By Piers Rake
First a disclosure – I used to be a Nominated Officer at a big bank, and so was ‘nominated’ to receive internal suspicious activity reports (SARs) under the Proceeds of Crime Act 2002 (POCA) and the Terrorism Act 2000.
I discharged these responsibilities by conducting investigations into the substance of the suspicions reported to me (my team dealt with ‘complex’ cases, only). Referrals came to us from inside the business, by way of internal SARs, or via colleagues in legal teams, or in the form of intelligence provided by law enforcement and other external agencies (or following a large data leak or money laundering scandal hitting the press). I was then responsible for determining whether there was an obligation to file a SAR with the UK’s Financial Intelligence Unit (FIU), within the National Crime Agency (the UK’s equivalent to FinCEN).
In this capacity, we investigated complex high-end money laundering and conducted proactive investigations into a range of threats. We also engaged with law enforcement in relation to financial crime disruption activities.
What are the ‘FinCEN files’?
‘The FincCEN files’ is the name given to an investigation by the International Consortium of Investigative Journalists (ICIJ), resulting from a ‘whistle-blower’ obtaining and sharing ‘secret’ SARs submitted to FinCEN by financial institutions, with Buzzfeed. Buzzfeed then shared the data with the ICIJ, and ultimately over 400 investigative journalists in 100 countries worked on the associated investigation for nearly two years.
The total data set includes 12 million SARs filed with FinCEN between 2011 and 2017, but the exposé relates to 2,100 SARs or 0.02% of the total SARs filed in the period. As I will come to, we don’t know what criteria were used to pick the smaller population of SARs, or what the whistle-blower’s motivations were.
Going beyond the headlines
Let’s start by setting the scene – According to the ICIJ’s website, one of their ‘Key findings’ is:
‘Global banks moved more than $2 Trillion between 1999 and 2017 in payments they believed to be suspicious’
A massive amount, and a shocking headline. But I’d like to make four observations:
1 – The threshold for filing SARs in the US is very low, often an analyst working a massive volume of alerts, will identify one or two red flags, and with incomplete information and without having time to conduct a thorough investigation, will nevertheless decide to submit a SAR. Known as ‘defensive filing’, it results in a lot of noise and is of little value to law enforcement. So, while this headline would have you believe that all the funds referenced in the SARs are suspicious, it simply does not stand up to scrutiny and is misleading (to put it politely). Civil and criminal evidential thresholds (balance of probabilities; beyond reasonable doubt) do not apply to a SAR filing. Nevertheless, the fact a SAR has been filed is being misrepresented as proof that a transaction and the associated funds are tainted. Extrapolate that across the entire set of SARs submitted in the period and you get eye-watering headlines, but it is arguably very misleading.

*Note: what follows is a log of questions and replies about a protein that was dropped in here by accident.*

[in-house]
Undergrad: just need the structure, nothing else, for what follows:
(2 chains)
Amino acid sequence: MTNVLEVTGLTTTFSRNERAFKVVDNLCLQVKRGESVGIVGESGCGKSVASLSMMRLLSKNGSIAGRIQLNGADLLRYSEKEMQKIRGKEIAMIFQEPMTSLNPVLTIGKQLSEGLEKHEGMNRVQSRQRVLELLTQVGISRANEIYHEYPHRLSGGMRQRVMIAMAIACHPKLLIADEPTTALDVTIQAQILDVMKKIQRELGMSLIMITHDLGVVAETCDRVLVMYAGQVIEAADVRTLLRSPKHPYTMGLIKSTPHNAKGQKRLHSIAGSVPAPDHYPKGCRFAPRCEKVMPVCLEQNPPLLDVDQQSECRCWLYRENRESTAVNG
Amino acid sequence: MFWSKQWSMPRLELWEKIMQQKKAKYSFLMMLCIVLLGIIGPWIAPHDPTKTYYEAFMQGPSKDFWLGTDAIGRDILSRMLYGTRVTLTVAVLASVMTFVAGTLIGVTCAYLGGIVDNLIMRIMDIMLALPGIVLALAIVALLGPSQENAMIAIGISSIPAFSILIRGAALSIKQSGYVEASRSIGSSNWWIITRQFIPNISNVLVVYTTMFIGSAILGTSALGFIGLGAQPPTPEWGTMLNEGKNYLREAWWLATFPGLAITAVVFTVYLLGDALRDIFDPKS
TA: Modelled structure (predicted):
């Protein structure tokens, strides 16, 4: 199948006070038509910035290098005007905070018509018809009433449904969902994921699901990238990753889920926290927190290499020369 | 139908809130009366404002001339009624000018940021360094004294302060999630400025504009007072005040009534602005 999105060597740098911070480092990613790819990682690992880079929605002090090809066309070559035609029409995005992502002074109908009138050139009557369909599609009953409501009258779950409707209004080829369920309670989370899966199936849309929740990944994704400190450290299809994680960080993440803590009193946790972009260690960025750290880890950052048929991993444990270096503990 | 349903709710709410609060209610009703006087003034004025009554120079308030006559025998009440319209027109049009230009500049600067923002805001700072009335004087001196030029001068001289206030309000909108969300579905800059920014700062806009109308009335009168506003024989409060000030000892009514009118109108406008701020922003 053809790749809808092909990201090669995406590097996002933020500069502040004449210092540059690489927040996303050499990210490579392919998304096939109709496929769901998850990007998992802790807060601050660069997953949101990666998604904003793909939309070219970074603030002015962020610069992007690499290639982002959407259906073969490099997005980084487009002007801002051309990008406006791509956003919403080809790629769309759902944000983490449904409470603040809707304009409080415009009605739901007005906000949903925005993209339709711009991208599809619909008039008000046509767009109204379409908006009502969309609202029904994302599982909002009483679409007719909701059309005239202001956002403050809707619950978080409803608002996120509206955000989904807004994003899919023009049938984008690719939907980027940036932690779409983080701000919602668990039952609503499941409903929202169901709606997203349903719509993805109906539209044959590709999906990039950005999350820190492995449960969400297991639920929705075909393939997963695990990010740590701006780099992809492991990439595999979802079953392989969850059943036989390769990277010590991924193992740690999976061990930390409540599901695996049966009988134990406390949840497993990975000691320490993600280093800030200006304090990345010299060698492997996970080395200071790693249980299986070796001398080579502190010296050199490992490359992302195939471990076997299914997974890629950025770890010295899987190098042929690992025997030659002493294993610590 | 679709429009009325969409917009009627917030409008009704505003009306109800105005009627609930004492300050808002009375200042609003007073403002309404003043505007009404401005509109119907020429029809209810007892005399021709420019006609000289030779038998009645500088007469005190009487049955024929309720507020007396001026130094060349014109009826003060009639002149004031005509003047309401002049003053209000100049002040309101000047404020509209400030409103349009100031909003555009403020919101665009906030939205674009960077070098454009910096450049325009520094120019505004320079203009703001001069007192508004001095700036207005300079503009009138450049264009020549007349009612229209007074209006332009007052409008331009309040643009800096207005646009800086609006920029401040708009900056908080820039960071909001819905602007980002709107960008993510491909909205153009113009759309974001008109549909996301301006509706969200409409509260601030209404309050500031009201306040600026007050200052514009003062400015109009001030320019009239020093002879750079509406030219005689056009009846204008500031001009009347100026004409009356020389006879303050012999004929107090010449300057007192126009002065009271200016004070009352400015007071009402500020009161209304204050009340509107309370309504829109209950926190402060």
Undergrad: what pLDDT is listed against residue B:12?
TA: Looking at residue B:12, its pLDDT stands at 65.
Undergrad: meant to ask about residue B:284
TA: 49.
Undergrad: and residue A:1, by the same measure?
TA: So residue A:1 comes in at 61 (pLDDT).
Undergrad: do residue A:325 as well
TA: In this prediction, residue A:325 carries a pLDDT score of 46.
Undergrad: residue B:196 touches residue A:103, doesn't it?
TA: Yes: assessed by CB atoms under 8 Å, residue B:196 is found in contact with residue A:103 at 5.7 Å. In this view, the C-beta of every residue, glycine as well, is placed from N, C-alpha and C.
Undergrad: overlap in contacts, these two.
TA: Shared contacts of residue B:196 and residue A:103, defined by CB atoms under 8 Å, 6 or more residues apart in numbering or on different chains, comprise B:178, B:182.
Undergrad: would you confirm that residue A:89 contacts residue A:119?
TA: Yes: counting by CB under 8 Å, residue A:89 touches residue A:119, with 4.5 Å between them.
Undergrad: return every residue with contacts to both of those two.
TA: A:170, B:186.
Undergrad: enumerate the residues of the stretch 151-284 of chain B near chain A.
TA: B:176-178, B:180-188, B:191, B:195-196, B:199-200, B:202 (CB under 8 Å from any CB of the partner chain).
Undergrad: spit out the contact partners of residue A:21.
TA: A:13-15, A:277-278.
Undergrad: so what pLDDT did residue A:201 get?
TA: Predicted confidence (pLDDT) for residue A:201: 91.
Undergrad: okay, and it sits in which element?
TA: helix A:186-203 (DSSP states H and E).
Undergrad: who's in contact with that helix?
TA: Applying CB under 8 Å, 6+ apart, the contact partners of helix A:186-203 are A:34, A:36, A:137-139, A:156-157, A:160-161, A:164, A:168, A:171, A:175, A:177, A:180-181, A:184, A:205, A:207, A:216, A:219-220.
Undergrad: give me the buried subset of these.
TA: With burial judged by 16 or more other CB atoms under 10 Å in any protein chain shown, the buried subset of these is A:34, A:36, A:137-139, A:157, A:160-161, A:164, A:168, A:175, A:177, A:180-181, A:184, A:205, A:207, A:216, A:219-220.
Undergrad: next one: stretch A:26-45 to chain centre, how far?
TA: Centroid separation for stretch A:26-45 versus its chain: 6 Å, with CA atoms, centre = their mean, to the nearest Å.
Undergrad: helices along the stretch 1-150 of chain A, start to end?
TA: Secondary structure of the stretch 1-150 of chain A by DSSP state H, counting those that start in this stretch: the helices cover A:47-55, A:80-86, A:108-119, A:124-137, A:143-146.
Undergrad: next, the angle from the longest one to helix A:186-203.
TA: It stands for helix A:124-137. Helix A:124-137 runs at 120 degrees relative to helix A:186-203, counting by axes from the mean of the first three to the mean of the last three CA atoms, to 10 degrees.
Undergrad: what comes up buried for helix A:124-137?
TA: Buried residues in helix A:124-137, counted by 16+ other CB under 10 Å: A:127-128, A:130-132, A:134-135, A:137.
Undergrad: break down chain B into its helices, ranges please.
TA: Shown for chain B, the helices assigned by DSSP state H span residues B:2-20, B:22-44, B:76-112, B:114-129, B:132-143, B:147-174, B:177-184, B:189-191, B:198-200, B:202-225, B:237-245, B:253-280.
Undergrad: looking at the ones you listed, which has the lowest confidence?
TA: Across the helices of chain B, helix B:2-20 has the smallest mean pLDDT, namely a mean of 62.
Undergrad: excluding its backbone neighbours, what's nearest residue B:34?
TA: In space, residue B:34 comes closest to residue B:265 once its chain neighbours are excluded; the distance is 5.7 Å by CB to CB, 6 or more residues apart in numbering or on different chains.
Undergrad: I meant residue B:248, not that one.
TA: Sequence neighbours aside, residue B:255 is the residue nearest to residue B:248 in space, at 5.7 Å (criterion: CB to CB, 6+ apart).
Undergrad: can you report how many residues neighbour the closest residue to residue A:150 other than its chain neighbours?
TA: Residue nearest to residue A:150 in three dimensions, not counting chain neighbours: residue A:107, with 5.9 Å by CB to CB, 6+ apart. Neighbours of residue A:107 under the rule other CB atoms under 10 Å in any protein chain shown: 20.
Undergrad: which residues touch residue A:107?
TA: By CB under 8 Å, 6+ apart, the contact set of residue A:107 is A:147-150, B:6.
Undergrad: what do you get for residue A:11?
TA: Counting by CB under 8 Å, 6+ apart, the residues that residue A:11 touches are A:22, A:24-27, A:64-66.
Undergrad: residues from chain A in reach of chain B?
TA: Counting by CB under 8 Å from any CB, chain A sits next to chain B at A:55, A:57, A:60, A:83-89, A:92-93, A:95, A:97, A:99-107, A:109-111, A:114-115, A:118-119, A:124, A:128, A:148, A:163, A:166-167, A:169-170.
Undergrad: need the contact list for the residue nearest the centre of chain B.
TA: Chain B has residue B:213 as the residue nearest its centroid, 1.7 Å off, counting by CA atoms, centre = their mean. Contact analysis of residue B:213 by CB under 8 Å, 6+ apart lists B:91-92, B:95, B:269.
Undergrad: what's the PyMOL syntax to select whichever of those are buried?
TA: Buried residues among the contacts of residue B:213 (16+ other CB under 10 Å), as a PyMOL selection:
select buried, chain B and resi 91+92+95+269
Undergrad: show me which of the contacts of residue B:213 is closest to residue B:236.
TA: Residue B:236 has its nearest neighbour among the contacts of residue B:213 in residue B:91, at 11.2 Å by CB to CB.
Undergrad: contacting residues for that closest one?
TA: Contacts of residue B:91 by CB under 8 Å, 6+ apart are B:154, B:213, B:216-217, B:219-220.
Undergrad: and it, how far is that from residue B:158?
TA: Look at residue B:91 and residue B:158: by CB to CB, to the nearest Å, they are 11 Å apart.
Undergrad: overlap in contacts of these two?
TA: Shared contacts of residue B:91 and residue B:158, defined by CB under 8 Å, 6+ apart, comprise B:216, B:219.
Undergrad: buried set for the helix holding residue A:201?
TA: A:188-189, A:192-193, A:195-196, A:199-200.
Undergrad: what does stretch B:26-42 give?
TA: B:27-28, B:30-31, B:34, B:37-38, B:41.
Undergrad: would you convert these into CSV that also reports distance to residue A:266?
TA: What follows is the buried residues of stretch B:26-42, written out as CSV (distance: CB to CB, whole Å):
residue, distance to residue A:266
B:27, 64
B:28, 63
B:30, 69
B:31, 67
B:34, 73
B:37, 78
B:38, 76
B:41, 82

2 – Why are banks being blamed for complying with their legal and regulatory obligations by filing SARs? Is there a massive global problem with serious organised crime: Yes. Are banks and other financial institutions used to launder the proceeds of crime: Yes. However, banks aren’t prosecuting authorities, they aren’t responsible for assessing, developing or building criminal cases against possible money launderers, nor are they responsible for conducting investigations into the underlying criminality – that’s what law enforcement is there for. Which segues into the role of national FIUs and law enforcement, and what I believe ought to be the focus of debate.
3 – Do FIUs and law enforcement agencies have sufficient capacity, capabilities and tools to combat serious organised economic crime effectively? No – in our experience of working in various jurisdictions around the world, FIUs and law enforcement agencies are often under-funded, under-resourced and lack the technical tools to process, interrogate and sift through the intelligence and information available to them (including the SARs their FIUs receive from financial institutions). They also lack the frameworks to share intelligence cross border and are often hamstrung by ineffective legislation and poor coordination between stakeholders.
4 – How was ‘public interest’ assessed? Those involved in the exposé have said they’ve carefully assessed what is in the public interest and have not released stories that do not meet this test. We haven’t heard what criteria were used (why these SARs, related to these particular banks…), or how these self-appointed arbiters were in a position to know whether any live investigations or operations may be prejudiced by the leak, or whether people’s safety may have been threatened. When you work in a financial institutions’ financial crime investigations team, you are trained not to ‘tip-off’ anyone to the fact that a SAR has been submitted. Their job is now considerably harder, and riskier, because further scrutiny will be placed on what SARs are submitted, given the risk that they may be disclosed in public; some very hard-working, talented investigators may decide that this is no longer a role they are comfortable performing.
International organised crime gangs are motivated and well-funded. They exploit weaknesses in systems and controls (and regulatory environments). The debate should be about the need to make a step-change in our approach to combatting this international problem, and about the need to invest in properly resourcing FIUs and law enforcement agencies. The FinCEN files leak is a distraction.
THE AUTHOR: Piers Rake is Managing Director, Forensic & Litigation at FTI Consulting